During the past year, warnings have appeared in the literature about making a diagnosis and starting treatment without establishing a differential diagnosis for extrinsic factors. Fujita reported cases of intrafascicular ganglions causing tarsal tunnel syndrome symptoms and Marui reported deep-seated neurilemomas mimicking tarsal tunnel syndrome.6,7 Both authors recommended obtaining a MRI of the areas after abnormal velocity tests but prior to surgery. This year, Mondelli offered a new way to classify tarsal tunnel syndrome by comparing DML (distal motor latency), SCV (sensory conduction velocity) and SAP (sensory action potential).8 If you send your patients for neurological testing, the report you receive back may use this new classification, which is also useful in determining clinical outcome. The system uses an “electrophysiological severity scale” to classify tarsal tunnel syndrome from grade one to grade five. Further studies directed attention toward foot motion and position as clues to the biomechanical etiology of TTS. The first was a study by Labib, who followed 286 patients over a three-year period and developed a new heel pain triad that seems to be gaining popularity in the orthopedic community.9 The HPT Syndrome includes plantar fasciitis, heel pain, posterior tibial tendinitis and tarsal tunnel syndrome. He believes from the study that a “lack of muscular support of the longitudinal arch of the foot (posterior tendon dysfunction in podiatry terms) produces the traction injury to the tibial nerve and tarsal tunnel syndrome.” A test recommended by Kinoshita helps diagnose tarsal tunnel syndrome but also sheds light on the etiology.10 He recommends holding the foot in dorsiflexion and eversion for 15 seconds before conducting velocity studies. If paresthesias on the plantar aspect of the foot occurs, he believes it is an overwhelming positive sign of tarsal tunnel syndrome. He later operated on these individuals and confirmed the diagnosis. If pronation of the foot in this test produces symptoms, it appears a logical deduction that orthotic therapy, which prevents this position, may assist in reducing symptoms. The article confirms that a positive Kinoshita test is extremely accurate in identifying pathology. The most convincing part of the recent literature is an elegant piece of work by Trepman, who actually measured the anatomic space pressure in the tarsal tunnel compartment with the foot in various positions.11 He discovered an increase of pressure in the tunnel when the foot was pronated. This increase averaged 32 mmHg as compared to just over 1 mm when the foot was in neutral positions. Trepman also discovered that inversion of the foot as well as plantarflexion of the ankle reduced the tarsal compartment pressure significantly.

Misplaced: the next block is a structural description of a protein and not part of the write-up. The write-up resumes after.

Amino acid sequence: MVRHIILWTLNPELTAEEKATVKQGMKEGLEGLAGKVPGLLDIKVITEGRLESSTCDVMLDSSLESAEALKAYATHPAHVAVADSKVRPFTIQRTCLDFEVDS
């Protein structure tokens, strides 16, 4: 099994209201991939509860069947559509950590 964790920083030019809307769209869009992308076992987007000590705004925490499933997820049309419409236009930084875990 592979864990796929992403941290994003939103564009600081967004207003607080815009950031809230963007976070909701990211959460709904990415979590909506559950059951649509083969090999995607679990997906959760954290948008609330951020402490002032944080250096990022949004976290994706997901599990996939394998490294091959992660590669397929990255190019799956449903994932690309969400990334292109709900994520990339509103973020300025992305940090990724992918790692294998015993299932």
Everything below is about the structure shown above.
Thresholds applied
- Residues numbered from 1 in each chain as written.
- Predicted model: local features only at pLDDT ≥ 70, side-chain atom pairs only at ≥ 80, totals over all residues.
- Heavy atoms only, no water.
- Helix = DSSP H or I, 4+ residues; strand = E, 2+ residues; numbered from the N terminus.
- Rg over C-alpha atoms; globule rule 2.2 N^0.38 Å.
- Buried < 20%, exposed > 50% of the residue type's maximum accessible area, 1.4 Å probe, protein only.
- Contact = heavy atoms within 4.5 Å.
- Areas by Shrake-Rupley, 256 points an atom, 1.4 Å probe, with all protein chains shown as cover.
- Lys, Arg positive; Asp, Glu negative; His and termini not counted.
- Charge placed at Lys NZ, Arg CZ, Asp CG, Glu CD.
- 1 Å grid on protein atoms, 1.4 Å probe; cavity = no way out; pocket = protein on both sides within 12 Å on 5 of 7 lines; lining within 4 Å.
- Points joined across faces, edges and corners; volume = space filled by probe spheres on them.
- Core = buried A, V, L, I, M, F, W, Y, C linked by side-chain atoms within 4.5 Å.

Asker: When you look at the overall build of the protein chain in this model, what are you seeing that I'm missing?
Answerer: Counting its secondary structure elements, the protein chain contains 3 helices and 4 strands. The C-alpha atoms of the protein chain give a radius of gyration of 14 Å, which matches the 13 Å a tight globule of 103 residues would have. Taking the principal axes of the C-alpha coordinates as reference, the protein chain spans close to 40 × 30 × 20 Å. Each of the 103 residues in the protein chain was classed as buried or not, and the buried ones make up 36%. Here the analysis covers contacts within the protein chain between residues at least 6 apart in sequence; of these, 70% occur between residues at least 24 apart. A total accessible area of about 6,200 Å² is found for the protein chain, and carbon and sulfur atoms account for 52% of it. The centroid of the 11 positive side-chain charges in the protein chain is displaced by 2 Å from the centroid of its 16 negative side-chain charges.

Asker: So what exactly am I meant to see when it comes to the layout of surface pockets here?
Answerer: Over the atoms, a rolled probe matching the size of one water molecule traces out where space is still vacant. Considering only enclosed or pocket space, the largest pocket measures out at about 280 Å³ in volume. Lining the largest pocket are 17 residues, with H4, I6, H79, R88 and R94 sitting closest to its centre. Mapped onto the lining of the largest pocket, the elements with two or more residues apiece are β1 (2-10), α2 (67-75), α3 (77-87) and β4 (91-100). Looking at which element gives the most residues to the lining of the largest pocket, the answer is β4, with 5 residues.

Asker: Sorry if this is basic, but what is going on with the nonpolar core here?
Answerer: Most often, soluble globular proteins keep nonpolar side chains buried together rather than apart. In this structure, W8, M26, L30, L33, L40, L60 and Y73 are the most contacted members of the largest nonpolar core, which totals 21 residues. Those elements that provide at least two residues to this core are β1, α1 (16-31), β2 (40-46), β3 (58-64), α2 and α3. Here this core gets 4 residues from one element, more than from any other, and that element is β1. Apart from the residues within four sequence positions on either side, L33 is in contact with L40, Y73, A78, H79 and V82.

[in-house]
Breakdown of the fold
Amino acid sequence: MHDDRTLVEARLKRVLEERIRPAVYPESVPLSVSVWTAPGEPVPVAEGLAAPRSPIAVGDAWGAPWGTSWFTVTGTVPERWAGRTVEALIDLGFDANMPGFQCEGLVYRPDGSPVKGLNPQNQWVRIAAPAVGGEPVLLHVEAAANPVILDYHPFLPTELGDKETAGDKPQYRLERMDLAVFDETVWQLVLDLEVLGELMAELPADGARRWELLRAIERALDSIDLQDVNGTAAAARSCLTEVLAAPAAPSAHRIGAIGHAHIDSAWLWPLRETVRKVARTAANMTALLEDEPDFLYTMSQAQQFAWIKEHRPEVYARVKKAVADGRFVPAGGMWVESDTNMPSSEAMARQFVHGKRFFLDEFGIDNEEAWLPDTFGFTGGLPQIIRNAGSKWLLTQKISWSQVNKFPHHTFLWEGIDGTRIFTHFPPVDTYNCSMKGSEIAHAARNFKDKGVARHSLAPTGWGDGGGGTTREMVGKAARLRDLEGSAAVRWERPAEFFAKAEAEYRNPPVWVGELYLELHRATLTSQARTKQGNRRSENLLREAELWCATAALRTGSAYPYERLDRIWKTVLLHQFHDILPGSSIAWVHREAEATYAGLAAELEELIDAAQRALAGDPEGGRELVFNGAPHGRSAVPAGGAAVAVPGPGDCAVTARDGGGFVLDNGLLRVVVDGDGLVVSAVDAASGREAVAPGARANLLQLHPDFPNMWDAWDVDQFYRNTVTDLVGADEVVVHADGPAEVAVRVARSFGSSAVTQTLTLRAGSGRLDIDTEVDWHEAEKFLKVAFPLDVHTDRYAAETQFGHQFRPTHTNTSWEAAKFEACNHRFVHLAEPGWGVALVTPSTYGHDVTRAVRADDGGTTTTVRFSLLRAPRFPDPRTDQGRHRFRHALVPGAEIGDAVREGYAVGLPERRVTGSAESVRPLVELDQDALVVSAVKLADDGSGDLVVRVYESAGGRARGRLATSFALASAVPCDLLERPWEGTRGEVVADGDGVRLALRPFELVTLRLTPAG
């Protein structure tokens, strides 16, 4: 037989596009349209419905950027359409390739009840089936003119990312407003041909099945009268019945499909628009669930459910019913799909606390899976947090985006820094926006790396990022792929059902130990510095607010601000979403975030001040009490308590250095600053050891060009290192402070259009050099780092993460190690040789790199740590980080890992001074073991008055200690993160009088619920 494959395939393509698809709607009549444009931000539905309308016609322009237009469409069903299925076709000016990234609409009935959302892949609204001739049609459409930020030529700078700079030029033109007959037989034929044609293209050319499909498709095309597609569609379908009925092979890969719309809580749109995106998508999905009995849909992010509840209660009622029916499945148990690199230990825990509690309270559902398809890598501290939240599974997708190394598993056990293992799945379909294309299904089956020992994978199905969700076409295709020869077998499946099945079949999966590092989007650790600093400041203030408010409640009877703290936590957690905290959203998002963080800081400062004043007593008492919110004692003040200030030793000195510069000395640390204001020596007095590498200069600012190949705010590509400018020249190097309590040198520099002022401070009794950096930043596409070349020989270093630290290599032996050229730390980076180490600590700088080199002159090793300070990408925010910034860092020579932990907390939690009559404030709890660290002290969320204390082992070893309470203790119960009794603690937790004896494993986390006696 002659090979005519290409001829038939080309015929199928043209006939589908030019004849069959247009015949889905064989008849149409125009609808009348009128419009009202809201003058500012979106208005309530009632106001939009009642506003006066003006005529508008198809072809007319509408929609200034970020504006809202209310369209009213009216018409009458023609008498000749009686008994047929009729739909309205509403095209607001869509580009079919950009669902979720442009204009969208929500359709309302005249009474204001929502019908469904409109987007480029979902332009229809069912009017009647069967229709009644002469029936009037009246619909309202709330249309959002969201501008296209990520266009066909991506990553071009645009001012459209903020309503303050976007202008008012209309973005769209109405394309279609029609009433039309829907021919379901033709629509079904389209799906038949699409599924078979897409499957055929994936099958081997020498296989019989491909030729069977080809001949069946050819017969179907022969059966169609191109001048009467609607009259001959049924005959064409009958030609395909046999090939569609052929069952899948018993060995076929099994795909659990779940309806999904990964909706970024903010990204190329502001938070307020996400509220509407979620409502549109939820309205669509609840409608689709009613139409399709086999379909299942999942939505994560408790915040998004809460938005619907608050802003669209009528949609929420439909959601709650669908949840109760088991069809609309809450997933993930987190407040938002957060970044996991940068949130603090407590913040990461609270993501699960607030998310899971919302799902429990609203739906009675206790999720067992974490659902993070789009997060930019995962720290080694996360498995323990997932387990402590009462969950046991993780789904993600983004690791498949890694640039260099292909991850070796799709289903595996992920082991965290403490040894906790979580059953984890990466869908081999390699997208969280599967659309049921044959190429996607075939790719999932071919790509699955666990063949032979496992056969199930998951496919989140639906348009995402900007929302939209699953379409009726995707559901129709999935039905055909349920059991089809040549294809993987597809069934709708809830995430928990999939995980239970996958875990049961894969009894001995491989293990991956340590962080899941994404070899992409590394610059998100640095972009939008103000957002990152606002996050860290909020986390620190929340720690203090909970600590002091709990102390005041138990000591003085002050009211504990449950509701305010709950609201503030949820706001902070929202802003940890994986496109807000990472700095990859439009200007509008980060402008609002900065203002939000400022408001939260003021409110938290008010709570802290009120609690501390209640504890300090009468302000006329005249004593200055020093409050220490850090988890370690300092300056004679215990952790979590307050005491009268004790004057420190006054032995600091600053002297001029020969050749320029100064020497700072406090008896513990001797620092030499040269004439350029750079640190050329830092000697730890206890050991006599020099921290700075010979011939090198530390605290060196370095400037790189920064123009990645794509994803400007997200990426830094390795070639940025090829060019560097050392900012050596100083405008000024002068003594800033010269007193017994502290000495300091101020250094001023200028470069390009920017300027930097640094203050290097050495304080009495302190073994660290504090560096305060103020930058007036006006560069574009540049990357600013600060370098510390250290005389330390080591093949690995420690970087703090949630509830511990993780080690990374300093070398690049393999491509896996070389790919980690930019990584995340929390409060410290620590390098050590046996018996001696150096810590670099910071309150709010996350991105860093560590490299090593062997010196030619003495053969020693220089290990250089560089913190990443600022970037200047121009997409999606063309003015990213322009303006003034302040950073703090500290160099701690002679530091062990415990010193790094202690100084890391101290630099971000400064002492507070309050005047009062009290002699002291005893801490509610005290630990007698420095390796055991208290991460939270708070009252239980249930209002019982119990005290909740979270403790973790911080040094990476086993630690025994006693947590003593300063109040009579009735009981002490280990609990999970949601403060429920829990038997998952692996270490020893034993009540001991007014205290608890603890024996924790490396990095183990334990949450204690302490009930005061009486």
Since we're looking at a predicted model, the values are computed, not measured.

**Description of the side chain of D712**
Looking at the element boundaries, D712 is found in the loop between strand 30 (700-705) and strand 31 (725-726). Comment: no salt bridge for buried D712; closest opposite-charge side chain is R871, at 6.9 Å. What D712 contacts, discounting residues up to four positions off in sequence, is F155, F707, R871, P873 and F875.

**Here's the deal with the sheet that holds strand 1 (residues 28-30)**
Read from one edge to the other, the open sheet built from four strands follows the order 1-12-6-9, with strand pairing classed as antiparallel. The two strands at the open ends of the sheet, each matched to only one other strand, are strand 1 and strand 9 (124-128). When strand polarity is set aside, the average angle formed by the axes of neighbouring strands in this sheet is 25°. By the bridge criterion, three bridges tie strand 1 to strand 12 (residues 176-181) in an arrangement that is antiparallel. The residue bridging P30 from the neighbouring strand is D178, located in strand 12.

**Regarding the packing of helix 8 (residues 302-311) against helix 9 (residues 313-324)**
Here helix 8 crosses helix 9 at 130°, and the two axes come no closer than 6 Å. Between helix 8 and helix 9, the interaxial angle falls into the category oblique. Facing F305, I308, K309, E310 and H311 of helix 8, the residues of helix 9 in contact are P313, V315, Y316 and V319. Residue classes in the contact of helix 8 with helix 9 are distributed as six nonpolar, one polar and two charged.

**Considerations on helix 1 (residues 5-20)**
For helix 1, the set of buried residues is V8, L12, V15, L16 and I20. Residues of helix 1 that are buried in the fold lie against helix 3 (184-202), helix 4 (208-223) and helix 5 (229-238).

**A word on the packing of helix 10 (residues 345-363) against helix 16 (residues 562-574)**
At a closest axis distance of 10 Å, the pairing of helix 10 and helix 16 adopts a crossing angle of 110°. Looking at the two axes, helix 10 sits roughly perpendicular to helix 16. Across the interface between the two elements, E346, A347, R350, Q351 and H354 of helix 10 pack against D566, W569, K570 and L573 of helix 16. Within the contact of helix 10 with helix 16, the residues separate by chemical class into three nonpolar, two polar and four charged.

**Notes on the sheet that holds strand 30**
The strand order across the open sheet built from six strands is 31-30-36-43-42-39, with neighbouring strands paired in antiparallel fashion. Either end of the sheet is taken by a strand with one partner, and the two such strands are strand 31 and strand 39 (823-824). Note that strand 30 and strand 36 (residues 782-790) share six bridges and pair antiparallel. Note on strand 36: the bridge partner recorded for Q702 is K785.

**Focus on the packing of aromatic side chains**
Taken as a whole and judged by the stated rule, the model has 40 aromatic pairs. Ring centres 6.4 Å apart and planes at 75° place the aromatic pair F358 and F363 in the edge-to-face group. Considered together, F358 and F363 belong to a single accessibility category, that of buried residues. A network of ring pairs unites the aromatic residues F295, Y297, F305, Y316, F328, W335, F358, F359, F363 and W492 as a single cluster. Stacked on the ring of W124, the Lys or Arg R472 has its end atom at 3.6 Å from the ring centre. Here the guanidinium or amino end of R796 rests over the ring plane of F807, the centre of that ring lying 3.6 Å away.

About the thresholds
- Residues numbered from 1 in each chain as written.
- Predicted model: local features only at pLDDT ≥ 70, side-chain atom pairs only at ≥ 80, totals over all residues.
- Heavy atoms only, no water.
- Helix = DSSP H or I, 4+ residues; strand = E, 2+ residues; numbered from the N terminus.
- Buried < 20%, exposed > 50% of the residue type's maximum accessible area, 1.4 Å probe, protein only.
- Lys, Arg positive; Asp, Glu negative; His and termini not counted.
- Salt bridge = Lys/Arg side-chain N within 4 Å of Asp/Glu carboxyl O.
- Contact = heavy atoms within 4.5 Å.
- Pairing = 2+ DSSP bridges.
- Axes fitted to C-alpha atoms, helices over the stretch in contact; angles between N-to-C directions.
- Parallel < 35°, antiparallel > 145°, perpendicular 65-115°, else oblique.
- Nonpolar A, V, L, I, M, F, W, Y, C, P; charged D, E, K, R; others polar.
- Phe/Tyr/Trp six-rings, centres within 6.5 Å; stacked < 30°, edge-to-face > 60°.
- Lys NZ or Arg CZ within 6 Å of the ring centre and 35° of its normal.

Can Orthotics Have An Impact On TTS?